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I have multiple histograms that I would like to overlay on top of each other but I don't know how to do it. I found the code below but I don't know how to modify it to run on a loop instead of just two histograms.

data1 = randn(100,1);       % data of one size
data2 = randn(25, 1);       % data of another size!

myBins = linspace(-3,3,10); % pick my own bin locations

% Hists will be the same size because we set the bin locations:
y1 = hist(data1, myBins);   
y2 = hist(data2, myBins);

% plot the results:
bar(myBins, [y1;y2]');
title('Mixed size result');

enter image description here

or what is a better way of comparing histograms if they are more than 10 or 20.

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hold on, hold off? –  Ander Biguri May 13 '13 at 10:18
possible duplicate of Separate bars in matlab –  Shai May 13 '13 at 11:25

4 Answers 4

up vote 0 down vote accepted

You could do the following, although it's not the only way:

data = cell(1, N);
y = cell(1, N);
yBar = zeros(N, 10);
for i=1:N
    data{1, i} = randn(10*round(rand(1,1)), 1);
    y{1, i} = hist(data{1, i}, myBins);
    yBar(i, :) = y{1, i};
yBar = yBar';
bar(myBins, yBar);
title('Mixed size result');

Using the y cell is not obligatory of course, I left it there to actually show what's happening.

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in your code, yBar always has the same length (10) but what should I do if that's not the case. mine changes every time... –  Kiarash May 13 '13 at 10:50

Your question is very general. Firstly I do not understand why you insist on a for loop.

Personally I don't like the included bar plot. It quickly gets messy (especially since the bars are not at the "original" location)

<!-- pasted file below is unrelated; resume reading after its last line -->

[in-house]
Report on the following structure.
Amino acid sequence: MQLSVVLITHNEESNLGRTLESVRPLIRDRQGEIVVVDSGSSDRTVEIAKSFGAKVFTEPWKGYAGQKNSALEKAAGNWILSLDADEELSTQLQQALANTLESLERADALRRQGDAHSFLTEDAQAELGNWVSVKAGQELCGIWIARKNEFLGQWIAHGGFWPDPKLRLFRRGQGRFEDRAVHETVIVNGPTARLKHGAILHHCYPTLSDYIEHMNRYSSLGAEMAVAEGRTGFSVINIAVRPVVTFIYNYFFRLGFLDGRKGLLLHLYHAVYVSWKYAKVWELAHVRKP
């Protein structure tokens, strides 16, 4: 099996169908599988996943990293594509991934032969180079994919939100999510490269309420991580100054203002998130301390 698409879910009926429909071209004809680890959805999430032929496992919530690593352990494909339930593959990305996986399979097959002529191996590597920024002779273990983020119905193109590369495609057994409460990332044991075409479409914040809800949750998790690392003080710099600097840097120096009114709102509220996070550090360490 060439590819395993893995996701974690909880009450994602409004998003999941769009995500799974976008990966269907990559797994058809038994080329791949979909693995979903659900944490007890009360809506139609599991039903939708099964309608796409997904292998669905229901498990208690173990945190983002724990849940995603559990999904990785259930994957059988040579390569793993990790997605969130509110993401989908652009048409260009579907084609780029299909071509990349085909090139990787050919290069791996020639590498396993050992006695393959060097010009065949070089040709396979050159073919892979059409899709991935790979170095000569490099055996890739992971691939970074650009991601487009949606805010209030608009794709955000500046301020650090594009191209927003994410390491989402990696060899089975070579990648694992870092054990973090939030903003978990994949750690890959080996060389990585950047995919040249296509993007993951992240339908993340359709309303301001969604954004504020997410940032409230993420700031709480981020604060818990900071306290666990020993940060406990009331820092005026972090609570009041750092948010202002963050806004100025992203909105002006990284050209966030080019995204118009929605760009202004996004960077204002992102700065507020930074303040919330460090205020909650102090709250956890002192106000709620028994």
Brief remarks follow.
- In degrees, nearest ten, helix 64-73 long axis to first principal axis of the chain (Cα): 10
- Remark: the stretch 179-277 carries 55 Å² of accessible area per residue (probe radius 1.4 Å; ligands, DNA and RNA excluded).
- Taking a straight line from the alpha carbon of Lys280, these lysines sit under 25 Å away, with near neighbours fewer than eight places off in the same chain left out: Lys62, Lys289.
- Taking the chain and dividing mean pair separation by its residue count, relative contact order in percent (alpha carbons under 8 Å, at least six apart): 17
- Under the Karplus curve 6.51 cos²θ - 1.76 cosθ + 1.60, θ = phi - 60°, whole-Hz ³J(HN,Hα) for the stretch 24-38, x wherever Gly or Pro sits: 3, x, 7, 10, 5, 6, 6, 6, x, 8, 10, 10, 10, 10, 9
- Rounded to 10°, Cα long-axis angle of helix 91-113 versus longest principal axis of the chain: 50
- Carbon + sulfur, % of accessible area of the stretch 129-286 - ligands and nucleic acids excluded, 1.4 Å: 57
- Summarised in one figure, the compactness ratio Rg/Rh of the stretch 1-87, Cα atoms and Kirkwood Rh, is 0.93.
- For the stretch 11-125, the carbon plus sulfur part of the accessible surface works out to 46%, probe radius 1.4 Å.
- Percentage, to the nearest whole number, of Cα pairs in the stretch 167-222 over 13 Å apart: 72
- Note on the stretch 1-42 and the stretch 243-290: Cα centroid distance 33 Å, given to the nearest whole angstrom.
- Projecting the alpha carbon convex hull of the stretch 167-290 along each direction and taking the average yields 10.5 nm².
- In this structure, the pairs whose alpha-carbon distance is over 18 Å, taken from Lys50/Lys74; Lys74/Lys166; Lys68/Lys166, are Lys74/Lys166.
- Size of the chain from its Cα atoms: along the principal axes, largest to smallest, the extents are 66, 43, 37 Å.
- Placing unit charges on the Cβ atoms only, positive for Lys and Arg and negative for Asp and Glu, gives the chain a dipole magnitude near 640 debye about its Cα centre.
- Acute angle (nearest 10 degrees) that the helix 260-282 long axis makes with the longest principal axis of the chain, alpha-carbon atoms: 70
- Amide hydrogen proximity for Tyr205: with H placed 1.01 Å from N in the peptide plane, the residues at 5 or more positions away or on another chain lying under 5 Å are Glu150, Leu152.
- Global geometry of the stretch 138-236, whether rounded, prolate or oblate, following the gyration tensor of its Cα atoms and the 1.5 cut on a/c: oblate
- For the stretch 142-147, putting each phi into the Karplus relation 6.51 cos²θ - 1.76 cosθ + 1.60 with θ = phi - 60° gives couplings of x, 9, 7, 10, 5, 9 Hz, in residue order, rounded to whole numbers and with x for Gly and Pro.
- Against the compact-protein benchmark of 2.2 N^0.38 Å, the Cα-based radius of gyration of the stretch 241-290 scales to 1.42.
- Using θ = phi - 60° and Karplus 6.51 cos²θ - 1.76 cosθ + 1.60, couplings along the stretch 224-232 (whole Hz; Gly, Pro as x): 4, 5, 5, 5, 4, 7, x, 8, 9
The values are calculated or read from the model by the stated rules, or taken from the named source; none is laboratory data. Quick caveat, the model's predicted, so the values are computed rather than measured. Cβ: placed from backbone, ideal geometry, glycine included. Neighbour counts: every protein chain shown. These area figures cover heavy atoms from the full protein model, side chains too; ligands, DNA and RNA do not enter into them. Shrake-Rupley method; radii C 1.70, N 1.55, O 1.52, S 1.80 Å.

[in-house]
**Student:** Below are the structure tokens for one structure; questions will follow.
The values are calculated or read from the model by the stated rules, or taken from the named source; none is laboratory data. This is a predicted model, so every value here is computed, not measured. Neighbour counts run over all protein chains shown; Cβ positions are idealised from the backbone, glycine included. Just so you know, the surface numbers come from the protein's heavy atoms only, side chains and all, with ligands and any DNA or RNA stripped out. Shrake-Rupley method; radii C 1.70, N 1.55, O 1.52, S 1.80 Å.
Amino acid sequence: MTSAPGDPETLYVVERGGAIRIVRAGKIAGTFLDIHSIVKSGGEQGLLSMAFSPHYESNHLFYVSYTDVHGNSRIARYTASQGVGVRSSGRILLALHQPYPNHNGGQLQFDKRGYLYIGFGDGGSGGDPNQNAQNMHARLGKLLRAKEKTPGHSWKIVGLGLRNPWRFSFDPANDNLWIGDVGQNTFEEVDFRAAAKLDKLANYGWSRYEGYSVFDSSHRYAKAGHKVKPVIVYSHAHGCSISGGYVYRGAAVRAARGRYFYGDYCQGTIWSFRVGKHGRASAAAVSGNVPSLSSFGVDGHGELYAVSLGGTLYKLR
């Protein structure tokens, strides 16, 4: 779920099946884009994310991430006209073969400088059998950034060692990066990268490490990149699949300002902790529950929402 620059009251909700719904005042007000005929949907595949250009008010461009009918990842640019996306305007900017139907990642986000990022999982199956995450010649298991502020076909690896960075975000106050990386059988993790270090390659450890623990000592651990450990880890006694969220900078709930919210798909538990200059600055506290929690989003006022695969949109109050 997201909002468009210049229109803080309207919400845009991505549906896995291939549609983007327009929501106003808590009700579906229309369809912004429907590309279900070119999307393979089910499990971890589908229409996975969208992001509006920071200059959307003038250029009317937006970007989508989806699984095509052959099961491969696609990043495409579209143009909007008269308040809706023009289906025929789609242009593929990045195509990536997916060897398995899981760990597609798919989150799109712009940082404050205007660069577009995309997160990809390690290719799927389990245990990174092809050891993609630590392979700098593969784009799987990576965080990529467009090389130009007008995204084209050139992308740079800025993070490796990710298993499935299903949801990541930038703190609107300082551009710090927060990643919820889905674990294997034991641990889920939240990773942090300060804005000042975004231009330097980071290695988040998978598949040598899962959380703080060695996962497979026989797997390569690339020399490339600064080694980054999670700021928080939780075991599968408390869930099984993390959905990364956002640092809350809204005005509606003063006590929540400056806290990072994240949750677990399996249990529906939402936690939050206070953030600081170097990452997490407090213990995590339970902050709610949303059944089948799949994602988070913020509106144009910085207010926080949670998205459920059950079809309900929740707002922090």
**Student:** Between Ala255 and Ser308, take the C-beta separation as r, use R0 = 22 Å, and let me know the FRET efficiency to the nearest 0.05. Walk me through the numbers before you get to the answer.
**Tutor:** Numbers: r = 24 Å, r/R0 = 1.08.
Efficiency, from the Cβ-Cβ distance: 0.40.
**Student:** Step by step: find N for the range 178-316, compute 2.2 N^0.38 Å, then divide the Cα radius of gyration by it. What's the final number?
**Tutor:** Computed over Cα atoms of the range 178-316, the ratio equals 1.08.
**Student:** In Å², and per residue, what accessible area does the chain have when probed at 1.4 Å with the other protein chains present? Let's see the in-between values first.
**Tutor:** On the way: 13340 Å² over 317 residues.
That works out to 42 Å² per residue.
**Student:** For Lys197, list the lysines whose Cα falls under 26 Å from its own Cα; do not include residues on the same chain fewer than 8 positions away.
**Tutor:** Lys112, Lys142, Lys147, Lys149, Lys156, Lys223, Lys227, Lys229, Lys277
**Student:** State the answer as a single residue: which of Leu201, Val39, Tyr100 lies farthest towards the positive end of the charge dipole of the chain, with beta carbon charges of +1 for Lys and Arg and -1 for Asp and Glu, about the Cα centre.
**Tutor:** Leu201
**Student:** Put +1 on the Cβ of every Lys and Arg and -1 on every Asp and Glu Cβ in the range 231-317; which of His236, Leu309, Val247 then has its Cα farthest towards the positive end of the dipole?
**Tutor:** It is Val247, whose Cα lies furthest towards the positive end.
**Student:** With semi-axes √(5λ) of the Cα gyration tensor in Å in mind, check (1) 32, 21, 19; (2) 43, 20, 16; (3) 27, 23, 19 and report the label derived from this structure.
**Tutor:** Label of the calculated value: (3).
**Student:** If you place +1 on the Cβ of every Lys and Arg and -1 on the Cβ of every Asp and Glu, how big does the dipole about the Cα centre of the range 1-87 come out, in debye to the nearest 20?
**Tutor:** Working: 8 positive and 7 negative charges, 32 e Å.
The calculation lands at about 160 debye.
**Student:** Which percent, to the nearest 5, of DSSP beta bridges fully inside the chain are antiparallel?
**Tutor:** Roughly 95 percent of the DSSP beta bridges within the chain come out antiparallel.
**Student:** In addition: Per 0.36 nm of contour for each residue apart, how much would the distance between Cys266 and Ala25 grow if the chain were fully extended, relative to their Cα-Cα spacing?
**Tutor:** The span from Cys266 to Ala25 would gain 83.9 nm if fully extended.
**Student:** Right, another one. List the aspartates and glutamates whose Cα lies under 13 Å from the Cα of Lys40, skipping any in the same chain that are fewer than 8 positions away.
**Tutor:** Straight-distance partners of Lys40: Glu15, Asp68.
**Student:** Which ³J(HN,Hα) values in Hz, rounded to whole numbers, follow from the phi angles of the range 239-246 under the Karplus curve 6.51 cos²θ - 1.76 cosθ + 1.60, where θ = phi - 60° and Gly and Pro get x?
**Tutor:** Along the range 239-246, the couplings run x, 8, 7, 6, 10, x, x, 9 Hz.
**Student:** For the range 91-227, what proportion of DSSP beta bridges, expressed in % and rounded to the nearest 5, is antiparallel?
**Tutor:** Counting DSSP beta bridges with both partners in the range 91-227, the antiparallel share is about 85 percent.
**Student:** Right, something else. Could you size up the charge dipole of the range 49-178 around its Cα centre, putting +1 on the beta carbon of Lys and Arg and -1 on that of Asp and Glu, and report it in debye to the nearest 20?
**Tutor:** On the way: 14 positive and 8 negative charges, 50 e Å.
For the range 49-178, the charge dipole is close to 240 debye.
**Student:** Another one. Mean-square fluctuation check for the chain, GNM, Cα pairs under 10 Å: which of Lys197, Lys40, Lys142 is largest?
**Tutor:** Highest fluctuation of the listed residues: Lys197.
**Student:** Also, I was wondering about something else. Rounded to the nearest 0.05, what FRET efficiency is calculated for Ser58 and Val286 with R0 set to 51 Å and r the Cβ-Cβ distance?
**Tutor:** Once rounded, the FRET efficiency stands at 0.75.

If you got a lot of histograms I would consider a stairstep plot as it doesn't fill the plot area so much. Or you could come up with your own - eg using transparent patches.

If it get's lots of curves there are many ways to visualize them google for "multivariate visualization" and be amazed. One of the most amusing ways would be Chernoff faces.

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I simply have speed of bunch of bacteria moving over time. and at each time there is a histogram of the speed. we watch about 40 times. so there are 40 histograms of speed change. the histograms are pretty much bell curves, shifting to one side over time. What do you think is the correct way of showing this? –  Kiarash May 13 '13 at 11:10
if it's approximately bell curves I would start by plotting the mean and standard deviation. Mabe along the lines of this: mathworks.com/matlabcentral/fileexchange/27485 –  bdecaf May 13 '13 at 12:39

I would suggest this. It's simple and does not require for loops:

bar([y1.' y2.'],'stacked')
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Here's a way that was useful to me:

enter image description here

I'm plotting a histogram for each column of the matrix ao.

The code was:

    for i = 1:size(ao,2)
        [h, y] = hist(ao(:,i), linspace(-5,10,100));
        h = i + (0.95./max(h(:))) .* h;
        barh(y, h, 'BarWidth', 1, 'BaseValue', i, 'LineStyle', 'none');
        hold on;

Note that just changing barh to bar will give the same thing but going up-down instead of left-right (i.e. the figure rotated by 90° anti-clockwise).

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